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Love and Chocolate

Love and Chocolate

February has arrived and that means it’s time to celebrate love. Love, and of course, chocolate. You can’t have Valentine’s Day without the chocolate. How did it come to pass that Valentine’s Day is so closely associated with chocolate? So much so that the sweet delicacy often comes in the shape of a heart? Did Cupid’s arrow manipulate us into desiring this smooth silky rich sweetness in order to fall in love, or as a byproduct of the sentiment? It turns out that love and chocolate are often in the same sentence for some very compelling reasons.


If you can imagine a chocolate fountain in all its glory, it won’t surprise you that chocolate as a luxury food item has been around for centuries. The Mayans and Aztecs valued it so much they used it as currency. Among the nobility of 18th Century France it was thought to have medicinal properties, including aiding digesting. It stayed as a luxury item until well into the 19th century.


Chocolate in its many forms as we know it today is the quintessential sweet treat. But it wasn’t always so sweet. The Mayans drank a bitter mixture of water, chili, vanilla, and crushed cocoa beans. It would hardly be recognizable today, or even desirable, but it was the cocoa bean that they valued. Even without the sugar – they were on to something. The Aztecs felt the same way, and when they conquered the Mayans, they demanded that the taxes they were paid be paid with cocoa beans.

Later, and mostly in Spain, the bitter drink was sweetened with sugar and cinnamon. This made the drink more palatable, as did warming it up, and soon it spread to other European countries. But it was still an expensive drink, and only very wealthy people could afford it or visit the chocolate shops of Paris, London, Madrid, or Amsterdam.


Besides tasting delicious and have a silky smooth texture, is chocolate really an aphrodisiac? The answer is yes, or at least many have thought it to be so. This would definitely explain its smooth transition as a love holiday staple.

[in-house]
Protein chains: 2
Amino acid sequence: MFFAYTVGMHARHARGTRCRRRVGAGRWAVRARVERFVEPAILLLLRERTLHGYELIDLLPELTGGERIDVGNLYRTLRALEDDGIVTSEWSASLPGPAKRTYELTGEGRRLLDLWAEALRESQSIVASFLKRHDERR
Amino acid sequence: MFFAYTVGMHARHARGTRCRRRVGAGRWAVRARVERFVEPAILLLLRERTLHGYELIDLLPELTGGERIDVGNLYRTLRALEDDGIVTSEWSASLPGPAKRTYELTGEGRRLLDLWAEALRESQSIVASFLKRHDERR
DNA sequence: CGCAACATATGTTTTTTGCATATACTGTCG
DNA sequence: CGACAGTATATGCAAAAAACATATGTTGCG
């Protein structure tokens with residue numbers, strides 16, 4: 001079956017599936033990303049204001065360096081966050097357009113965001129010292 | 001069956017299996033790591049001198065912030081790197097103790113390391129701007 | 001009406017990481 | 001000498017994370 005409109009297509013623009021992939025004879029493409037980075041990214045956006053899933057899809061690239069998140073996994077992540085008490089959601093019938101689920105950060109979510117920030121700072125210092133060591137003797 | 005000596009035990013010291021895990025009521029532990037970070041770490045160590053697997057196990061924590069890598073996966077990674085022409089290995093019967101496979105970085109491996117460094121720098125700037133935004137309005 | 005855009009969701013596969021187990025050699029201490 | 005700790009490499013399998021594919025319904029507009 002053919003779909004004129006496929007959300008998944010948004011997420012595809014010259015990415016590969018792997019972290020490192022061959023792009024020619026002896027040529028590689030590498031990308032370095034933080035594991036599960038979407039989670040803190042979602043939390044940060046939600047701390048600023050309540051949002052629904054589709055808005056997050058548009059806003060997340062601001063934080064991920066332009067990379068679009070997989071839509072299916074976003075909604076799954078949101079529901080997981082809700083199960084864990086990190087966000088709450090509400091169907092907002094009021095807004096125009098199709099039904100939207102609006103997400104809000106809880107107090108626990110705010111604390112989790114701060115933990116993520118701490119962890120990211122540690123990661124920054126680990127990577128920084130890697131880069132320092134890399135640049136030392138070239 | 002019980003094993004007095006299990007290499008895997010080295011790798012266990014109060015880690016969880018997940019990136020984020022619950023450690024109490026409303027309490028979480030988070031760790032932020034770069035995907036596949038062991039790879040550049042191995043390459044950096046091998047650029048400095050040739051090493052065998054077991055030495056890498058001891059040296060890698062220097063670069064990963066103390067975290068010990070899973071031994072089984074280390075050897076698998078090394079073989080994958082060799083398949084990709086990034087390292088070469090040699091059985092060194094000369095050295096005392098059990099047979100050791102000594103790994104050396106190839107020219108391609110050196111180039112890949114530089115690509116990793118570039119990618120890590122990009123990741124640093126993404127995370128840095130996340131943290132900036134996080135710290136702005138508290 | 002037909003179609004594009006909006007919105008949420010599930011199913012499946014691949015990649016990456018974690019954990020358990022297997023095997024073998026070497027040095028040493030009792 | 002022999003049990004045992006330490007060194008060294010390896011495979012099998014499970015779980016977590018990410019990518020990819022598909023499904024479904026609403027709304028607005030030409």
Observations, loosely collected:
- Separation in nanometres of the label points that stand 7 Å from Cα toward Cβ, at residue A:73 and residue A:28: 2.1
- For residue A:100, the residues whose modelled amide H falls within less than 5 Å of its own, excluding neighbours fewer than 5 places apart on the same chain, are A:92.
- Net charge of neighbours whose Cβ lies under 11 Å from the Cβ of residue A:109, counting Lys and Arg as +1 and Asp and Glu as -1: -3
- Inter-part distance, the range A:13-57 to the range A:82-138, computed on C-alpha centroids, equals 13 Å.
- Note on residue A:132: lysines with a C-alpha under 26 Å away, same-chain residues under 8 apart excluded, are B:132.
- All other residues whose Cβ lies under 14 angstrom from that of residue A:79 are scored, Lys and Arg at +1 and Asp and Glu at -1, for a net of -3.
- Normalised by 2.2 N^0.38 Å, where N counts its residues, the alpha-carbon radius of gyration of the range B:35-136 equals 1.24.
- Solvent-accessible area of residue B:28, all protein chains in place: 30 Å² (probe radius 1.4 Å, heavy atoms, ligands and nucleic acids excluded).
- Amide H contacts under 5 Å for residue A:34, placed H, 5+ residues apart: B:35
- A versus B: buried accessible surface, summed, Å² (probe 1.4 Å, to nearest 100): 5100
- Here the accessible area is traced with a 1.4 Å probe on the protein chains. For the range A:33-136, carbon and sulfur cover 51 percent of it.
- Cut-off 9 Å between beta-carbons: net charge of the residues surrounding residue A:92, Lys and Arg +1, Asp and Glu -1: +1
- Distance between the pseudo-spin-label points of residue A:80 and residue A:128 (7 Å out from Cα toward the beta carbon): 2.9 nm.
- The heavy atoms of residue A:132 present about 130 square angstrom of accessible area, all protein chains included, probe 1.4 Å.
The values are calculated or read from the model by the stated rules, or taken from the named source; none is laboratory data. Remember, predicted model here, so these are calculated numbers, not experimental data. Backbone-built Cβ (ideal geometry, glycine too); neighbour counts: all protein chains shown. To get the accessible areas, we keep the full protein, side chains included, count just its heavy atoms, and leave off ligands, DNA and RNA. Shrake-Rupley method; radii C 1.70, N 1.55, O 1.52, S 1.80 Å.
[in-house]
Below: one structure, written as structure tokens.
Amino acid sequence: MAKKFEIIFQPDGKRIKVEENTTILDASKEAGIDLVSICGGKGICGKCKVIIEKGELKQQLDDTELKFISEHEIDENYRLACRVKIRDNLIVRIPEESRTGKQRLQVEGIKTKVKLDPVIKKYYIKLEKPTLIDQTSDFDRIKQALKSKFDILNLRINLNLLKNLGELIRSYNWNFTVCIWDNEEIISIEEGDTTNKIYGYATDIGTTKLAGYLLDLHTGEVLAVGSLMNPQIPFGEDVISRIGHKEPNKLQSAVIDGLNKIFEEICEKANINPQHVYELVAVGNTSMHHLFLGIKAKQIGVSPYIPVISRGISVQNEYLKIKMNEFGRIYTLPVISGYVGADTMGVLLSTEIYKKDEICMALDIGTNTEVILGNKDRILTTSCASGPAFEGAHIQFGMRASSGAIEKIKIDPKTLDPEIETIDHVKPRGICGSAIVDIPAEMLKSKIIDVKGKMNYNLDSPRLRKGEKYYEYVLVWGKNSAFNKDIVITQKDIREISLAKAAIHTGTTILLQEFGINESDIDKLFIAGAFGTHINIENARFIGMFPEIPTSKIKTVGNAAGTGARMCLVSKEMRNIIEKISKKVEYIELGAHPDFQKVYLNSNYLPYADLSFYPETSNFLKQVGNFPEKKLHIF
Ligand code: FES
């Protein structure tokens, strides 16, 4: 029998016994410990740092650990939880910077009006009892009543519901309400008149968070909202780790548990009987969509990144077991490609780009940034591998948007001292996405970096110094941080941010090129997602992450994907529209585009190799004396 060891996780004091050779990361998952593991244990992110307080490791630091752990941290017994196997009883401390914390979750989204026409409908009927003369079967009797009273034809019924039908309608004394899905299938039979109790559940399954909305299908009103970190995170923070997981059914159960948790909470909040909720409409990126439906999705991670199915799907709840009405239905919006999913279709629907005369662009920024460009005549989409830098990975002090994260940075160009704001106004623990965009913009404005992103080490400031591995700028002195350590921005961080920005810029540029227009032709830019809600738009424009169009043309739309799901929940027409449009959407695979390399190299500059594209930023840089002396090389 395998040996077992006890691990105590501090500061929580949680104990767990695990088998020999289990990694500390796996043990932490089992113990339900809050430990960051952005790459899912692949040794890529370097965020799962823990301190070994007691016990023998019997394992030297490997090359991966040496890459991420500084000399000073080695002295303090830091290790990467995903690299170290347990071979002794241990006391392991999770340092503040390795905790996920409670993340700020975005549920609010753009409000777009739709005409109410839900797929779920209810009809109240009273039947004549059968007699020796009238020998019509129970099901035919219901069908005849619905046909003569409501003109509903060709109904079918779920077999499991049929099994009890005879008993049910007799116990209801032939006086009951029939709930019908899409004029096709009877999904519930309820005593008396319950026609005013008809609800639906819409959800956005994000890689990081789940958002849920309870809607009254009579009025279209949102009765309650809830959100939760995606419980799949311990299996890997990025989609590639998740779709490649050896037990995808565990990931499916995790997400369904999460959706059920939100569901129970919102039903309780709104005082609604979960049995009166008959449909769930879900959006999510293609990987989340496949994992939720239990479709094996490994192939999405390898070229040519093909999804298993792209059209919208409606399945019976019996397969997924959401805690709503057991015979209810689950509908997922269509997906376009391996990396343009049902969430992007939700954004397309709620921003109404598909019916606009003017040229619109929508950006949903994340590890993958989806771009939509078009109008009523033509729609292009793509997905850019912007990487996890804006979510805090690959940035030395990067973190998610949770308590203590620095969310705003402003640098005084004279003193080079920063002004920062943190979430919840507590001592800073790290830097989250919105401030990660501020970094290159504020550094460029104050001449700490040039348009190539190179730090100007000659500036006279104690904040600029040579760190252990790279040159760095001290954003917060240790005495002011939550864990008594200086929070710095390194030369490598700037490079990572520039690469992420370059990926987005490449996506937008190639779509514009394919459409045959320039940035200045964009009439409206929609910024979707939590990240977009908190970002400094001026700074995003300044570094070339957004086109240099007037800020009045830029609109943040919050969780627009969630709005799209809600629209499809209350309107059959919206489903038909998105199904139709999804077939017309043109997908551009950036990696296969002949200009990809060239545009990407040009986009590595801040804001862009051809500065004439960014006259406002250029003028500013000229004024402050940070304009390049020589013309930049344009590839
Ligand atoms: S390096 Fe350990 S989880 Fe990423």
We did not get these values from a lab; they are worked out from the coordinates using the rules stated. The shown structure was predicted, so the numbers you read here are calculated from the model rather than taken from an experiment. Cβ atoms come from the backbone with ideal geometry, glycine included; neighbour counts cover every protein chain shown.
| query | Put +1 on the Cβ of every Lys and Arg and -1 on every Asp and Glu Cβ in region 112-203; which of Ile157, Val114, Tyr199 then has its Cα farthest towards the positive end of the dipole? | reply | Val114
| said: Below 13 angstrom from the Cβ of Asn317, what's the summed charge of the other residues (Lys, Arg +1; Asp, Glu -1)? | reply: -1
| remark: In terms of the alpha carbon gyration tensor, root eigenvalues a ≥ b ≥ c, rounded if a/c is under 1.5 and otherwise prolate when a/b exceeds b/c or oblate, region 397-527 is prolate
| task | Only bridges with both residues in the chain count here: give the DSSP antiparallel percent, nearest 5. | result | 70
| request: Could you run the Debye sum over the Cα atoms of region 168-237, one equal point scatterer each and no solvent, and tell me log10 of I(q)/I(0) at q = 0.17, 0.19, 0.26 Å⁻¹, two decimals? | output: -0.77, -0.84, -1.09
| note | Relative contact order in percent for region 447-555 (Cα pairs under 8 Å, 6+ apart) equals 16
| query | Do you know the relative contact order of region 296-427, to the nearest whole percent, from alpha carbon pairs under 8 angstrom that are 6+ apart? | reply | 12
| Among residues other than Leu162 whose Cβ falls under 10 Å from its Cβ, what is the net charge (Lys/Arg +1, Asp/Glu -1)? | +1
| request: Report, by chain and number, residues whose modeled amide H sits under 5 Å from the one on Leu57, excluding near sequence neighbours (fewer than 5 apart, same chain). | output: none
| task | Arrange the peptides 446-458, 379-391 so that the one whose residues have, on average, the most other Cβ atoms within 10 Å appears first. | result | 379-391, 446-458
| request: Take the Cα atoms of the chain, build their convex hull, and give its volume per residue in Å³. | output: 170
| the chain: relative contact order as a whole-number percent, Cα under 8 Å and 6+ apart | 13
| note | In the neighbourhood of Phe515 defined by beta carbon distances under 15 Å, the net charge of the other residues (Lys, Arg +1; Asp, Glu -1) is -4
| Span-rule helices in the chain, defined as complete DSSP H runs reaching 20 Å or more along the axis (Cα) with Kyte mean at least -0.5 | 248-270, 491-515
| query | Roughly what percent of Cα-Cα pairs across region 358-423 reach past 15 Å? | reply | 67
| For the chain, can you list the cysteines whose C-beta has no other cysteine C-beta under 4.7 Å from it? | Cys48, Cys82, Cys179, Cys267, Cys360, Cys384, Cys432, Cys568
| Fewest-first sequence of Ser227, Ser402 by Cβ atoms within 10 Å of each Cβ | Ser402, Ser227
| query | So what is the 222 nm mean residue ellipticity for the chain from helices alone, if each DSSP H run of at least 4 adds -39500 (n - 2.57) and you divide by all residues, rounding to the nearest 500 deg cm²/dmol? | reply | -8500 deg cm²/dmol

Montezuma, apparently quite the ladies man, would drink an outrageous amount of the Aztec cocoa drink because he thought it gave him amorous success. The famous Italian lover Casanova was also a fan of chocolate as a seduction tool. Napoleon ate chocolate for “energy” every single day!

But there may be some solid science behind what famous lovers have known by instinct and in practice. Chocolate has properties that act as aphrodisiacs, including alkaloids such as theobromine and phenethylamine. These alkaloids work wonders on the brain, making it happy by increasing serotonin levels, and mimicking the feeling of being in love.


You can’t have success with any product unless it catches on with a creative marketing campaign. In 19th century England, Richard Cadbury, chocolate manufacturer extraordinaire understood this and paved the way for Valentine’s Day and chocolate to be forever joined in holy marketing matrimony.

Chocolate was ingested primarily in liquid form, and Mr. Cadbury wanted to find a way to make it tastier. His idea turned out to be revolutionary. He figured people could just forget about trying to make a chocolate drink and just eat chocolate. In an inspired move, he decided to package the chocolates in beautiful boxes that could later house cherished mementos, such as a letter from a suitor. These boxes came in various shapes and sizes, including boxes shaped as hearts.

In the United States, Milton Hershey took the lead in the commercialization of Valentine’s Day by making his now ubiquitous chocolate kisses. And these were chocolates that everyone could afford and share with their lovers. Hershey not only marketed the kisses as delicious, but also healthy. Who could resist a food that for centuries was associated with success in love, tasted delicious, and was now available to everyone? Russell Stover took over later in the 20th century as the premier seller of chocolate boxes, and remains so today.

The history of chocolate is indeed fascinating and its relationship to Valentine’s Day forever solidified. If we analyze it, it makes sense. We have a delicious food that makes us feel good, just like love. And since we want to feel that way all the time, chocolate can be enjoyed every day of the year, not just on February 14. With that said, now might be a good time for some chocolate!